It took me a while, but I finally remember a case of true redundancy in a test case. I was at the Codemash pre-compiler learning Ruby from Jim Weirich. I had just finished a 1/2 day Ruby Koans session and was hot to try out my new skills, so I plopped down on a couch with a few others and we started banging away on a problem. We decided as a group to each build the same application in different languages and see what the differences were. I'm not going to name names here, but I'll say we had Ruby, Python, Perl, Grails, and Scala all rolling in the same small space for a little while. Our problem was Sudoku Solver if I remember correctly.

I was having a wonderful time banging away on this problem. First off, I love puzzles, second I love automating their solutions. We were working our way through test cases on the board and the topic came up about checking for duplicates in a row. If you aren't familiar with Sudoku, using the numbers 1-9 you populate an 81 cell board such that no number appears twice in the same row or column and each sub-grid contains only the numbers 1-9 without duplicates. Therefore, you could test each column, row, and sub-grid for these conditions and if all of these things are true you've solved the puzzle.

But think about this in terms of your code and the abstractions of the playing board. Does your row checker need to check every row? Does your column checker need to check each column? I think a conscientious design suggests not. What you need is a Nine-Unique-Numbers checker. So in my test suite there are a couple tests for 'row has digit' and 'column has digit' but by no means did I check every single column. You can check out my code here.

Just to be clear, I'm not holding my solver up as the bastion of awesome, I'm just using the example. After rereading that code for this post I'm thinking its a little embarrassing and I should rewrite it ;-).

So all of this lead to some discussion. How thorough do you need to be in order to ensure proper behavior of your solver? On of the other people at the table had very thoroughly written explicit tests for each row, column, and grid (subsection) of the board and tested each case to ensure that he has 100% coverage. I think he went to far. I'd call it 1000% coverage. I say that because after the first few proofs, those others are redundant. Unless you have an impossibly flawed design, the conditions don't vary much from column to column or row to row. Looking at my code you will see I isolated the get_col, get_row, and get_section code. To check for numbers in those structures I flatten the content into an array and check to see if the number is present (see row_has_digit, col_has_digit, and section_has_digit) [oops, I just found a damp spot in that code, do you see it?]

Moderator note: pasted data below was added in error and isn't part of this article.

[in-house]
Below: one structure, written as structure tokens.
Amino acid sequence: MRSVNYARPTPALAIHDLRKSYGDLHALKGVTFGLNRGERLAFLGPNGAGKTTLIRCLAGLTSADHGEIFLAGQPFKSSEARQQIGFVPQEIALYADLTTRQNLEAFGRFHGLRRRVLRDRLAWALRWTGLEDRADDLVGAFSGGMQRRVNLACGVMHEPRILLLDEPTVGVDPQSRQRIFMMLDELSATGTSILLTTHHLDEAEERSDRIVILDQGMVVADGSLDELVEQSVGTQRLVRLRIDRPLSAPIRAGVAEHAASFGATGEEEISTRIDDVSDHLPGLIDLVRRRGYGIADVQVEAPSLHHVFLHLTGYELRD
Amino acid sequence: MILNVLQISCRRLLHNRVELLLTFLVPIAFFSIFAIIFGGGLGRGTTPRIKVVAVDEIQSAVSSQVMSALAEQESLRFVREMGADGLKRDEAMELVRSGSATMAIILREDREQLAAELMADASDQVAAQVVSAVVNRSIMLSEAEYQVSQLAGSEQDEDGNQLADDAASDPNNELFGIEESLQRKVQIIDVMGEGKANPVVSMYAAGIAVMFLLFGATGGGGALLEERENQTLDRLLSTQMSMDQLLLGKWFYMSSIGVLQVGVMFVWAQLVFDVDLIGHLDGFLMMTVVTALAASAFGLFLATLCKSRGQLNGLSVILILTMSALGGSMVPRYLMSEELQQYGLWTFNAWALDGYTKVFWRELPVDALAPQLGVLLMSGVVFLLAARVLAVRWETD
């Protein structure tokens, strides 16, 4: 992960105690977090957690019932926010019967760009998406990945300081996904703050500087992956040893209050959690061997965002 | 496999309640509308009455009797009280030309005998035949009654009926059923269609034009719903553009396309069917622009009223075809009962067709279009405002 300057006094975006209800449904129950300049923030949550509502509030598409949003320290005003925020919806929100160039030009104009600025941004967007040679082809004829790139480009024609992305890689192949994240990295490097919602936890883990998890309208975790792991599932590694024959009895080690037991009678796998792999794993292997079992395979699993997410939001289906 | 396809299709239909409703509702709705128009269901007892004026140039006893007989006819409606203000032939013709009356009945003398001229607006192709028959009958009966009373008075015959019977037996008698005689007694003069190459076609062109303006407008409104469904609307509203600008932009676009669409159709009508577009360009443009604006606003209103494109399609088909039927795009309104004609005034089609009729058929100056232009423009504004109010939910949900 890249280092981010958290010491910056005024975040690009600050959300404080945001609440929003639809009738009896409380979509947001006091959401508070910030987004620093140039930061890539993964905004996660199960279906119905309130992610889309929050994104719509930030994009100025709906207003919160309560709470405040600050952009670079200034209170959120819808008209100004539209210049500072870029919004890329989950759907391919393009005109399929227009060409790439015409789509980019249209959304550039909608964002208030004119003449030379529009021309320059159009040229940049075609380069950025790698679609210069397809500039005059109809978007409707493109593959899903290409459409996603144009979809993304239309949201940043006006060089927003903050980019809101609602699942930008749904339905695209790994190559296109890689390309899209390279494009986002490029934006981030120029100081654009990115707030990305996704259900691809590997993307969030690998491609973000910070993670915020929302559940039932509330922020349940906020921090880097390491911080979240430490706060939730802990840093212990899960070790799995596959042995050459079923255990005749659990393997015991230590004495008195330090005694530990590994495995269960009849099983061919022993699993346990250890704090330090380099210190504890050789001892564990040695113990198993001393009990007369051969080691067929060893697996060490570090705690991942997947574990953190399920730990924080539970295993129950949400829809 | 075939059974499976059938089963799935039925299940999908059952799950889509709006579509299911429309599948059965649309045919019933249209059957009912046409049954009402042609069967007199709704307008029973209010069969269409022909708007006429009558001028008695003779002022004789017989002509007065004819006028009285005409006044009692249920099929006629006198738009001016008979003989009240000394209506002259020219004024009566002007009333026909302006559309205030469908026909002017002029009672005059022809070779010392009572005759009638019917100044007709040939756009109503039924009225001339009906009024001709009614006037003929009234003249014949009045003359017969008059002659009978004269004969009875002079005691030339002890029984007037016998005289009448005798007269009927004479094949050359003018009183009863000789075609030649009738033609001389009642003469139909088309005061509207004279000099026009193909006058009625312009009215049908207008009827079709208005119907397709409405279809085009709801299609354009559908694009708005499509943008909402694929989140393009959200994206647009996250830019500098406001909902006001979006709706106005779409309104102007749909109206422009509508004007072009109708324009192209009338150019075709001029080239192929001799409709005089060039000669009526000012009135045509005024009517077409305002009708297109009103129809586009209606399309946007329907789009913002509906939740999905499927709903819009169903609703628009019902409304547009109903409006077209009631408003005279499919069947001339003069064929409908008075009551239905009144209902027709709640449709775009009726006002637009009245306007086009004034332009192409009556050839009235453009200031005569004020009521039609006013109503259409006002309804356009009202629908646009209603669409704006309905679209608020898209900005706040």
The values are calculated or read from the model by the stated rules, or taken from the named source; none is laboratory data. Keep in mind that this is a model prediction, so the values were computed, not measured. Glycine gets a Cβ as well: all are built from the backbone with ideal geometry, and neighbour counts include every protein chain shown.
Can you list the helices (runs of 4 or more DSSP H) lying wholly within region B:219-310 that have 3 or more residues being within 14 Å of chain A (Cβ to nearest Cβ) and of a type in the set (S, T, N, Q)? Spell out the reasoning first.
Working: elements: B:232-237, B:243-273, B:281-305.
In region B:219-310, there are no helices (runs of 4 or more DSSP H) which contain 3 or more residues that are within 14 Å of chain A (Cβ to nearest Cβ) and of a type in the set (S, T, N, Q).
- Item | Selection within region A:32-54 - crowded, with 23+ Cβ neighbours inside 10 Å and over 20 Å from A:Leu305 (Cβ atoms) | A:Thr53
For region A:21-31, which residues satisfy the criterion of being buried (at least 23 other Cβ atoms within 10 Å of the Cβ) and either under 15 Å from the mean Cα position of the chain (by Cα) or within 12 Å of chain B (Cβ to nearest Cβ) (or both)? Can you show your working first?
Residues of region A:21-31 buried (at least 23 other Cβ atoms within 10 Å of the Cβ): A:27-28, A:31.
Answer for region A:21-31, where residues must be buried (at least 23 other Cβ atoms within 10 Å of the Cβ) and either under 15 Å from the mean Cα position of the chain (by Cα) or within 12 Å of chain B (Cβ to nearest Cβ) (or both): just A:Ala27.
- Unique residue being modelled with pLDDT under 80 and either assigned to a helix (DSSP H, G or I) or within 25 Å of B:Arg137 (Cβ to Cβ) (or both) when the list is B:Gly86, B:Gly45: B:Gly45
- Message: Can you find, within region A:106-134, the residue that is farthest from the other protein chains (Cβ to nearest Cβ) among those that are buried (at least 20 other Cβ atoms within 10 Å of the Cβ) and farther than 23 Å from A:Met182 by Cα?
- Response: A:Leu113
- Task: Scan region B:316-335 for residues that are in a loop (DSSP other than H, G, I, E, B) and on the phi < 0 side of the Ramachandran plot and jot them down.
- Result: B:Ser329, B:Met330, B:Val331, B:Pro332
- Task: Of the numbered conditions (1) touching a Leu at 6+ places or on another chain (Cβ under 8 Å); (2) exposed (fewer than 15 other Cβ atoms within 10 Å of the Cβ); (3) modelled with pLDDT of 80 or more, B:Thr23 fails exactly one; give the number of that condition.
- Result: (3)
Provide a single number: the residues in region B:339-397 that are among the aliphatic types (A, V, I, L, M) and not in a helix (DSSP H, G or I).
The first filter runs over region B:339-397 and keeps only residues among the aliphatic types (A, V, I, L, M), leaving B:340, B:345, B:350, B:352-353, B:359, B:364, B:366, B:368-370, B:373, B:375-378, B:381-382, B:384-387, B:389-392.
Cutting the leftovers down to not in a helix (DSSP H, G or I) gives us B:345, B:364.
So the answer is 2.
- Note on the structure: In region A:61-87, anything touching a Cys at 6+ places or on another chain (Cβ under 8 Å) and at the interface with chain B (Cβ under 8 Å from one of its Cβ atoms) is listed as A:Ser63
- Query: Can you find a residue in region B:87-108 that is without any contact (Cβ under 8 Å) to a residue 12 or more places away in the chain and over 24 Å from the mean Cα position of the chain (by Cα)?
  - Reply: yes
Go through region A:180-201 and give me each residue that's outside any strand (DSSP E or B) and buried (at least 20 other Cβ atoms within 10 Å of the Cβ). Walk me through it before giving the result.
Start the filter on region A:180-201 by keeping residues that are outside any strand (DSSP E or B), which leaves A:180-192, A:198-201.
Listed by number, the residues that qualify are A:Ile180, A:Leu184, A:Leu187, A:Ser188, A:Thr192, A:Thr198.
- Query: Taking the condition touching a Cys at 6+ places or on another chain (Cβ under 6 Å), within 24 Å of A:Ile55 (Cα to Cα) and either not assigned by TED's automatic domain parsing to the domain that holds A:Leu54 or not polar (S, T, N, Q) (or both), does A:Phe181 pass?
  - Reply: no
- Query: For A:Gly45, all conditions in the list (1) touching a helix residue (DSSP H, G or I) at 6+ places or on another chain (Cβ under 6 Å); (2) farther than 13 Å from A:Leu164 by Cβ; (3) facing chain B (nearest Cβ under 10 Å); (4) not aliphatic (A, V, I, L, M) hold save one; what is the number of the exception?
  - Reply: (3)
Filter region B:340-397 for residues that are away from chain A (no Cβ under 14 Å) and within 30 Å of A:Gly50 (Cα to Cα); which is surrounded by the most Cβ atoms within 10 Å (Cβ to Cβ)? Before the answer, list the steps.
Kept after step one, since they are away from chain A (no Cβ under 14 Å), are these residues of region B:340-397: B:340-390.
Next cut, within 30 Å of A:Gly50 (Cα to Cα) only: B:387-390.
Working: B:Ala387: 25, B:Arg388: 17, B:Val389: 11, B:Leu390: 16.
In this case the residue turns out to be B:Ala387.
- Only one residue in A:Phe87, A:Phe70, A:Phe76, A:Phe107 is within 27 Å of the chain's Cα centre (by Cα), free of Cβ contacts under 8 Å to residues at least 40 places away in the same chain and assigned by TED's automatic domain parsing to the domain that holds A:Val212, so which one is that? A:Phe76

My point is, once I have row_has_digit isolated from get_row I can test each independently and in total isolation. I minimize the number of tests while maximizing the clarity of what I'm doing as an expression in tests.

My cohort had rather brutally tested every possible combination regardless of it being redundant. He used parameterized tests and loops (two things I distain in a test) and ensured that there was no way his code would ever get it wrong. Now if I'm launching a Mars Lander I *might* take it that far, but for Sudoku no way. To be honest, I couldn't justify it for a Mars Lander either.

What we know about boolean logic (and others) is that there are only so many conditions that can be tested across an operator. There are a finite (because bits) number of numbers below, equal, and above any other number in a computer. So if we have a condition like '< 5' we can use 2 tests for complete proof our logic goes the right way. Testing the other numbers is wasteful and redundant. [I made this mistake in 2002 when I was just getting into unit tests, my test ran across a 256-bit number, every single combination of bits, and took 13 hours to complete on my clunker IBM Thinkpad, better solution would have been about 16 cases].

So, it took me a while to think of some cases of true redundancy, and to try to answer (at least in part) Tim's question, if you are like the guy in that group, writing a test for every conceivable case, rather than the minimum number of logical cases possible, then yes, you are being redundant and you should stop.

Hopefully I can provide a cogent explanation of how to unwind redundancy. I'll start thinking about that next.